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Jazz Mass at St. Augustine’s, March 2016.

The next morning, most students ventured two blocks into Treme to attend the Jazz mass at St. Augustine’s Roman Catholic. I warned them that it was long, but for me it is a “not-to-be-missed” part of any visit to New Orleans, and I guess it’s hard to hide that level of sentiment. The students immediately felt the community and faith of the congregation of this, the oldest African-American Catholic Church in the nation’s first black neighborhood.

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Students with Mardi Gras Indian, March 2016

It was the perfect start to a day that appeared focused on both Treme and New Orleans parade culture. After mass, the class gathered at Congo Square in Louis Armstrong. This spot was where African slaves were permitted to drum, dance, and sell their wares on Sunday. And in the process, contributed to the preservation of African rhythms that became one of the catalysts for the development of jazz. And while waiting to link up with this Sunday’s second line parade, students were treated to the sights and sounds of Mardi Gras Indians who had marched down from Bayou St. John.

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Second Line, Esplanade Avenue, March 2016.

The Keep ‘N It Real Second Line appeared to be more elusive, or at least, it took longer for it to make its way towards where we were waiting. We ended up walking over to Claiborne and St. Bernard. Students first appeared taken aback by the singing, dancing, twerking, horn playing crowd that enveloped us, but most second lined through the Seventh Ward and Treme, and a few followed it all the way back to Bayou St. John. It was a big hit.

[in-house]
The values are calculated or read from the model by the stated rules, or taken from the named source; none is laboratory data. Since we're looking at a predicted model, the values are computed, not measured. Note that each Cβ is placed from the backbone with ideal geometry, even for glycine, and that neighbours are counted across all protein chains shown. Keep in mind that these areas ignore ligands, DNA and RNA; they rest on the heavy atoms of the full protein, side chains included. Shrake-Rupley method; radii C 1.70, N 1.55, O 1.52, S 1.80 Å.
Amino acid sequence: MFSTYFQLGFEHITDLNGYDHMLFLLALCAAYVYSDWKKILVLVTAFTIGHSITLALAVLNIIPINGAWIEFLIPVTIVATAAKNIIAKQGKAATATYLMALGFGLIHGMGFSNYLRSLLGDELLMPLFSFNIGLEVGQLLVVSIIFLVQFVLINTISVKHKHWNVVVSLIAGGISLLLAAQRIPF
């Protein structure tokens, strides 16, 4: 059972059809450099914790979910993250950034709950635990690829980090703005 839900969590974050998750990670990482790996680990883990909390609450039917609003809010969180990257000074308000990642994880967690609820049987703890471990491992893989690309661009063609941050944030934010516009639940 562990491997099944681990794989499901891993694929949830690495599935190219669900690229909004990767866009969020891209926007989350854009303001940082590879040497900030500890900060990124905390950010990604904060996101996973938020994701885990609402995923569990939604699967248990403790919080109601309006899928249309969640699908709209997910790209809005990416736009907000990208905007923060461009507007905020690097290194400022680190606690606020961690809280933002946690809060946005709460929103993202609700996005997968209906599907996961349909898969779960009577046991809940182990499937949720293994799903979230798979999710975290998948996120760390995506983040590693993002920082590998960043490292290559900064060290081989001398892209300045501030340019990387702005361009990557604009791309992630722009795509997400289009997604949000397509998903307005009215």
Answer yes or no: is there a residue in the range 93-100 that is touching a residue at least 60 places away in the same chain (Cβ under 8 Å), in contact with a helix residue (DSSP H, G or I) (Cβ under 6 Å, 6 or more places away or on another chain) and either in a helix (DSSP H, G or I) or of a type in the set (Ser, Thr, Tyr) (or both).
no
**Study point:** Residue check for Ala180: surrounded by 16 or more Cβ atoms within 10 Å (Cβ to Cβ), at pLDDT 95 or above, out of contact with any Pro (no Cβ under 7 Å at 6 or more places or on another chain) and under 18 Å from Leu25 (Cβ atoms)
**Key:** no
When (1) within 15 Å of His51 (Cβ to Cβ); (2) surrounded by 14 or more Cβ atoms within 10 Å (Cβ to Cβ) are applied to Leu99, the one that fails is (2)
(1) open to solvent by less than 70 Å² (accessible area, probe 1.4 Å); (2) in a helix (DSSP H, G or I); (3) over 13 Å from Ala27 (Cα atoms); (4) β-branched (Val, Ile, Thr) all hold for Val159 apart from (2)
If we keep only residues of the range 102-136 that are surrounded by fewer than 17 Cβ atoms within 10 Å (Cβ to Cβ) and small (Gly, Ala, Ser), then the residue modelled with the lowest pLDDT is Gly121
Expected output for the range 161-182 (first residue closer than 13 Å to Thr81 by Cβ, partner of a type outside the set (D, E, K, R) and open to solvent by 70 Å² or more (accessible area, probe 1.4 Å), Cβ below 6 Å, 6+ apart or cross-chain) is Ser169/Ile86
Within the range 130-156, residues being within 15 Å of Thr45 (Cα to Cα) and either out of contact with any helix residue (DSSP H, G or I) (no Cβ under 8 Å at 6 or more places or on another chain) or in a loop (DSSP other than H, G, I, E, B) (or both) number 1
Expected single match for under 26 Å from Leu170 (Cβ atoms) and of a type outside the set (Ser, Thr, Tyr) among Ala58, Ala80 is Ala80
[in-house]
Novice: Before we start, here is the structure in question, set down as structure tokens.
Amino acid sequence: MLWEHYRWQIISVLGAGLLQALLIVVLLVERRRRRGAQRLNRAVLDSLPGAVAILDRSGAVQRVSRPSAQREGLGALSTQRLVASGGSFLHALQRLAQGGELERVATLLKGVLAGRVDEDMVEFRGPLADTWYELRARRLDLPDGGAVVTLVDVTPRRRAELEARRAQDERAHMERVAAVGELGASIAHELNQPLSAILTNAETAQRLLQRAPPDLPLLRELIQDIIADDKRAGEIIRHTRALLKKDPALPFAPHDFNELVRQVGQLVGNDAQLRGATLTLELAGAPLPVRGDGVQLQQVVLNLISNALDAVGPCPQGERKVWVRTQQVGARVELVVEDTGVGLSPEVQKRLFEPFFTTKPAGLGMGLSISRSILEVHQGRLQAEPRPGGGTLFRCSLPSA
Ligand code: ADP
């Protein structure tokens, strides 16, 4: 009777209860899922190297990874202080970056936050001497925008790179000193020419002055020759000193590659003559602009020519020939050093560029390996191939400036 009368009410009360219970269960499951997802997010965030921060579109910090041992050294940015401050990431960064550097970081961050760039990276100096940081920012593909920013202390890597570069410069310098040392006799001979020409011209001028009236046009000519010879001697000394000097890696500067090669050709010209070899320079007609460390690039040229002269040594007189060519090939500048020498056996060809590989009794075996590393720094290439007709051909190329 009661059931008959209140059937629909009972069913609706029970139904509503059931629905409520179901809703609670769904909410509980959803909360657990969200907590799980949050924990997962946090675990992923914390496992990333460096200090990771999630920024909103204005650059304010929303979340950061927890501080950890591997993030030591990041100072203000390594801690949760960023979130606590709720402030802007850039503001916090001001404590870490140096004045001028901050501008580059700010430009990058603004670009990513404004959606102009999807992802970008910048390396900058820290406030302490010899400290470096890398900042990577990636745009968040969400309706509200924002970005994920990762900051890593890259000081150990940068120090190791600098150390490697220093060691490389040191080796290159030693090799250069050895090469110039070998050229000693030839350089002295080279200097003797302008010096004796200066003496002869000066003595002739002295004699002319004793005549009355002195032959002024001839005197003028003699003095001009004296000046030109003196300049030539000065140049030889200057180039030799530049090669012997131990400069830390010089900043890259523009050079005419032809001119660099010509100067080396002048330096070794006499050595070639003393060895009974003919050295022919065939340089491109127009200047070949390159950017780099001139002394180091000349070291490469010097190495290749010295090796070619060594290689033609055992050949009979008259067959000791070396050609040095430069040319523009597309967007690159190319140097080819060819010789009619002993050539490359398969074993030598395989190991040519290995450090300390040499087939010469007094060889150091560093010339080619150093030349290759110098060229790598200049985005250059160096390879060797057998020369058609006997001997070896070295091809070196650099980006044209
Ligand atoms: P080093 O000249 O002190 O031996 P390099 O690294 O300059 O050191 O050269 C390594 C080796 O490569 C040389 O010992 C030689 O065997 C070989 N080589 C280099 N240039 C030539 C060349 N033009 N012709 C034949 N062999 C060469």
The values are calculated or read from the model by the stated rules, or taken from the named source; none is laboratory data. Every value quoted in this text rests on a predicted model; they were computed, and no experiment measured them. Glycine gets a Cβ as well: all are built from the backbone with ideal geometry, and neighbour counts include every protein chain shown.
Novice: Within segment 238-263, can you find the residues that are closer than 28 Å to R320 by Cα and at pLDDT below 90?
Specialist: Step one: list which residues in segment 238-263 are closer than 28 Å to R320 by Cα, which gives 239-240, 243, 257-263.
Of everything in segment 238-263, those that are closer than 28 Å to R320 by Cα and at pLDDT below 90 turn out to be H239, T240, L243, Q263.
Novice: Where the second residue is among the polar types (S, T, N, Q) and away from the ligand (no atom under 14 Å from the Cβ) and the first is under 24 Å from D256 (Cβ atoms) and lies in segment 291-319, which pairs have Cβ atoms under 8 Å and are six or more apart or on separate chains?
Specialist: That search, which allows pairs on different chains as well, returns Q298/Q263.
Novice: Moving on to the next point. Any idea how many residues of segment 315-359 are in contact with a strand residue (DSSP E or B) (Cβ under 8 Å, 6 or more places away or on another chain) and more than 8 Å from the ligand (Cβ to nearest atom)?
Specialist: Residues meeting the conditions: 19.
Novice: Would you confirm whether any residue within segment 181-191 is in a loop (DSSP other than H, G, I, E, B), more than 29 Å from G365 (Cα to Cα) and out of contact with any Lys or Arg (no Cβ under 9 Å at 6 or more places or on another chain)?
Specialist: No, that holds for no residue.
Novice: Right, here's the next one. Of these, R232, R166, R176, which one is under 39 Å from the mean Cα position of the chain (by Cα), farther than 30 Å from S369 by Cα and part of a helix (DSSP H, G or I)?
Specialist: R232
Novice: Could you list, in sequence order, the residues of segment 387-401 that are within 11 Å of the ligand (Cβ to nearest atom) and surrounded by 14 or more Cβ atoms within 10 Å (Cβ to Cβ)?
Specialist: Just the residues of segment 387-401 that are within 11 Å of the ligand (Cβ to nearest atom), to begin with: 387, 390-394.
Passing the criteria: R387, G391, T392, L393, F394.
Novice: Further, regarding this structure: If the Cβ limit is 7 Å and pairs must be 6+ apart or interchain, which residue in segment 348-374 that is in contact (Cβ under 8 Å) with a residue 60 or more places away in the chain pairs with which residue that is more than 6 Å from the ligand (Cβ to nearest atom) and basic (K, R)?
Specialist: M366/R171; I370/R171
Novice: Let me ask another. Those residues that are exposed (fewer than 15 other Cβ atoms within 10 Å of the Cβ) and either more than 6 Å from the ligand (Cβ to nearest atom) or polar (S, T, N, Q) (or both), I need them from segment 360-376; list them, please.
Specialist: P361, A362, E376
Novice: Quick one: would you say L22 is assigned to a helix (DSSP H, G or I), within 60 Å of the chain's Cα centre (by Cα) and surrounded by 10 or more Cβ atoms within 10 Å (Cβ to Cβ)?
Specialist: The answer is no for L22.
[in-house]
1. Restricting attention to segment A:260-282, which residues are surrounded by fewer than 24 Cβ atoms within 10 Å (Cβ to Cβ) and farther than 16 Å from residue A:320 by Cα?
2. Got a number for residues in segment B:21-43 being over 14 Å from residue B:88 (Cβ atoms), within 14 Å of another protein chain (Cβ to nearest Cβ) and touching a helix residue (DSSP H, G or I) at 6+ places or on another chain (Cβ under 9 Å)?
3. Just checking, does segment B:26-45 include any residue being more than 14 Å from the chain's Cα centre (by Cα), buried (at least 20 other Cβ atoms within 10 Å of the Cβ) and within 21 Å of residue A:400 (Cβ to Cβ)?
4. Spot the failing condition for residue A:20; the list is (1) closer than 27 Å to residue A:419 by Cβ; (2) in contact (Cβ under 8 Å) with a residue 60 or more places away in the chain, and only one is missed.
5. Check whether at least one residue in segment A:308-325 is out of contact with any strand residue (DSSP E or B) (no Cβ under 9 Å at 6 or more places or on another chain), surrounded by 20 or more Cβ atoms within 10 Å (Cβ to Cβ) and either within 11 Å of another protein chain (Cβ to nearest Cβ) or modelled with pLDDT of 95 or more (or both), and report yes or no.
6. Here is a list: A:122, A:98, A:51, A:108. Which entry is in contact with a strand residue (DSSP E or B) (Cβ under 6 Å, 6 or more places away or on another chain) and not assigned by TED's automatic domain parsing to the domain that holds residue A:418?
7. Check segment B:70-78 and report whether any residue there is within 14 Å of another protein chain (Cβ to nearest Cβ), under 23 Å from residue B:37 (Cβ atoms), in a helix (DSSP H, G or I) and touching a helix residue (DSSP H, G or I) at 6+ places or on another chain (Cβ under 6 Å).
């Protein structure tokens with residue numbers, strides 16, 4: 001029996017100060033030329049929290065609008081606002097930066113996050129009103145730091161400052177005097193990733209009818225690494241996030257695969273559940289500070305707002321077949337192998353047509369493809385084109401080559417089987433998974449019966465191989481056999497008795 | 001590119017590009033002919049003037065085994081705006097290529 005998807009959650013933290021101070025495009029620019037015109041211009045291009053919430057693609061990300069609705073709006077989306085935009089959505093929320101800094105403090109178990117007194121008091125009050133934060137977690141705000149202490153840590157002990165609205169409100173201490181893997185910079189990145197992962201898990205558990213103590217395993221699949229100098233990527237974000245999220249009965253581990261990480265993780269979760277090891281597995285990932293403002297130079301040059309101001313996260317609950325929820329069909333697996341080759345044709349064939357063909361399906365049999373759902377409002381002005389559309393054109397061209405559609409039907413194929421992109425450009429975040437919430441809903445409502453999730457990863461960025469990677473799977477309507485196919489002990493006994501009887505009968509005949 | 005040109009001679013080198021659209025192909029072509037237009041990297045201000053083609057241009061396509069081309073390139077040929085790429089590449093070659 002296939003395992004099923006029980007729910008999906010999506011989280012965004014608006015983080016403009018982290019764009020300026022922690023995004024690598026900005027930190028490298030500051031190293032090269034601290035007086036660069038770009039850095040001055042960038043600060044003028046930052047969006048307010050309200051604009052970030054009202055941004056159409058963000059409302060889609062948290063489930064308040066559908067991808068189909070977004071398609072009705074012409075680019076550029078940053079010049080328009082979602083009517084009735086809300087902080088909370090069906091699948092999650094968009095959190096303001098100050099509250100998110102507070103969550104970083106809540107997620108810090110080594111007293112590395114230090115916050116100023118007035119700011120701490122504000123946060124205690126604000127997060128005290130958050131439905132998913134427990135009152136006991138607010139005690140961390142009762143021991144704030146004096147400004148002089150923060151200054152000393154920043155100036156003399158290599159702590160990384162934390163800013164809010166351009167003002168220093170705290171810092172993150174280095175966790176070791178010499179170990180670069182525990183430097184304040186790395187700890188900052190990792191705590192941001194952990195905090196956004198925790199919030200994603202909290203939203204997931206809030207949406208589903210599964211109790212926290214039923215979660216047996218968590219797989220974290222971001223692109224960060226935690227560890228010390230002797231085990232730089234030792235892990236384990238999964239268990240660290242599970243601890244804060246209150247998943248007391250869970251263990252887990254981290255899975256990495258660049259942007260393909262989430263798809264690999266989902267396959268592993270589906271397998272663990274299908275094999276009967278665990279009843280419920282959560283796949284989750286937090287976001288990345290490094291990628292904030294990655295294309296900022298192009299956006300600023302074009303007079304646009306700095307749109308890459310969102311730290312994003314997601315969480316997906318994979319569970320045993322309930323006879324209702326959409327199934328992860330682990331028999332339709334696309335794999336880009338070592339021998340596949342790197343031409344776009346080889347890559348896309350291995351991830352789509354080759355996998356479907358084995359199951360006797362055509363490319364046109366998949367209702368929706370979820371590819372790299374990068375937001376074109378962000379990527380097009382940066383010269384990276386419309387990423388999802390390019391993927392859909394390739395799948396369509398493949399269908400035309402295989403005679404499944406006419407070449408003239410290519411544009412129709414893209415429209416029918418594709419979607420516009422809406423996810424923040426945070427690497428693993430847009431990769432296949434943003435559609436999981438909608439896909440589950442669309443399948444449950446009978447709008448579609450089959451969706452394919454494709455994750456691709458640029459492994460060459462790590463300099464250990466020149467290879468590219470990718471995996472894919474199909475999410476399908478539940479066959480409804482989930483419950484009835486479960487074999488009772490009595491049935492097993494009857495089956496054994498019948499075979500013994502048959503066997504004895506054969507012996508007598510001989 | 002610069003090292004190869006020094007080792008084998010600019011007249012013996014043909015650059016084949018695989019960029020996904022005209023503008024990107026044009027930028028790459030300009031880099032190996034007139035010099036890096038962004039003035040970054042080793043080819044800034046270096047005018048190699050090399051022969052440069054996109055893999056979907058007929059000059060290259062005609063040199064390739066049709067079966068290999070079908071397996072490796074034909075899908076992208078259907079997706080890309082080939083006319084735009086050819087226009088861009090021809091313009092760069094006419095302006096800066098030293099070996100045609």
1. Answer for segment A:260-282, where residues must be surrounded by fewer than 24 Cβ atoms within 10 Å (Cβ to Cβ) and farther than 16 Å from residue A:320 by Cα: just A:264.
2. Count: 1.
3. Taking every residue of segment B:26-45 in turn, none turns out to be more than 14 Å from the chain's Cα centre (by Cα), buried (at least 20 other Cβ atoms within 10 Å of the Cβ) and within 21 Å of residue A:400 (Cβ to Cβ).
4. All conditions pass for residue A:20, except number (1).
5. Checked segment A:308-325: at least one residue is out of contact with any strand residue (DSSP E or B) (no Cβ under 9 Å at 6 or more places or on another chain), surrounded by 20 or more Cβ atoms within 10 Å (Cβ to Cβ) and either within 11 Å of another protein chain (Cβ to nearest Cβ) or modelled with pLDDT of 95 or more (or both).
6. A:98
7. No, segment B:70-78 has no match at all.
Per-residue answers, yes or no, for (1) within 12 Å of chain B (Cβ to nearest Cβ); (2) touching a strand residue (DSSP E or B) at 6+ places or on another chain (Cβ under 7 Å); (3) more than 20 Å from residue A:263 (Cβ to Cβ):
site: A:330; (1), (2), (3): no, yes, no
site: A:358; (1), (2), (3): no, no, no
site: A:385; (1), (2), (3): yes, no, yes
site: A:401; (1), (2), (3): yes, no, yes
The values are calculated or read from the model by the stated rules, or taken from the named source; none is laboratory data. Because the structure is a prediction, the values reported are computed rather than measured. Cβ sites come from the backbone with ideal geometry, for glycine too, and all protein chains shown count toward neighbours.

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Li’l Dizzy’s, March 2016

Appropriately, we reconnected at Li’l Dizzy’s, an Afro-Creole restaurant on the edge of Treme. Once again, we were treated to the best gumbo in the City, along with fried chicken, greens, macaroni and cheese, and bread pudding, all washed down with brewed ice tea. We tried valiantly, but the buffet won in the end. Some went back to the Center to rest after a full day of activities, while others followed the siren’s song of the French Quarter.

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Harry “Swamp Thing” Cook, Hot 8 Brass Band, March 2016.

At 10pm, we met up at the Howlin’ Wolf in the warehouse district for a performance by the Hot 8 Brass Band. Most had stereotyped images of brass band music, likely picturing a cross between marching band and traditional jazz. They were totally unprepared  for what hit them. In the end, most was stay through both sets to funked up music in a packed, brick room. For them a day of music, dancing, and traditional Creole cooking, would come to an exhausted, yet satisfying end. A day in which entertainment tested endurance and highlighted new and unexpected experiences.

And then there would be work.

The Night Before Friday, Mar 11 2016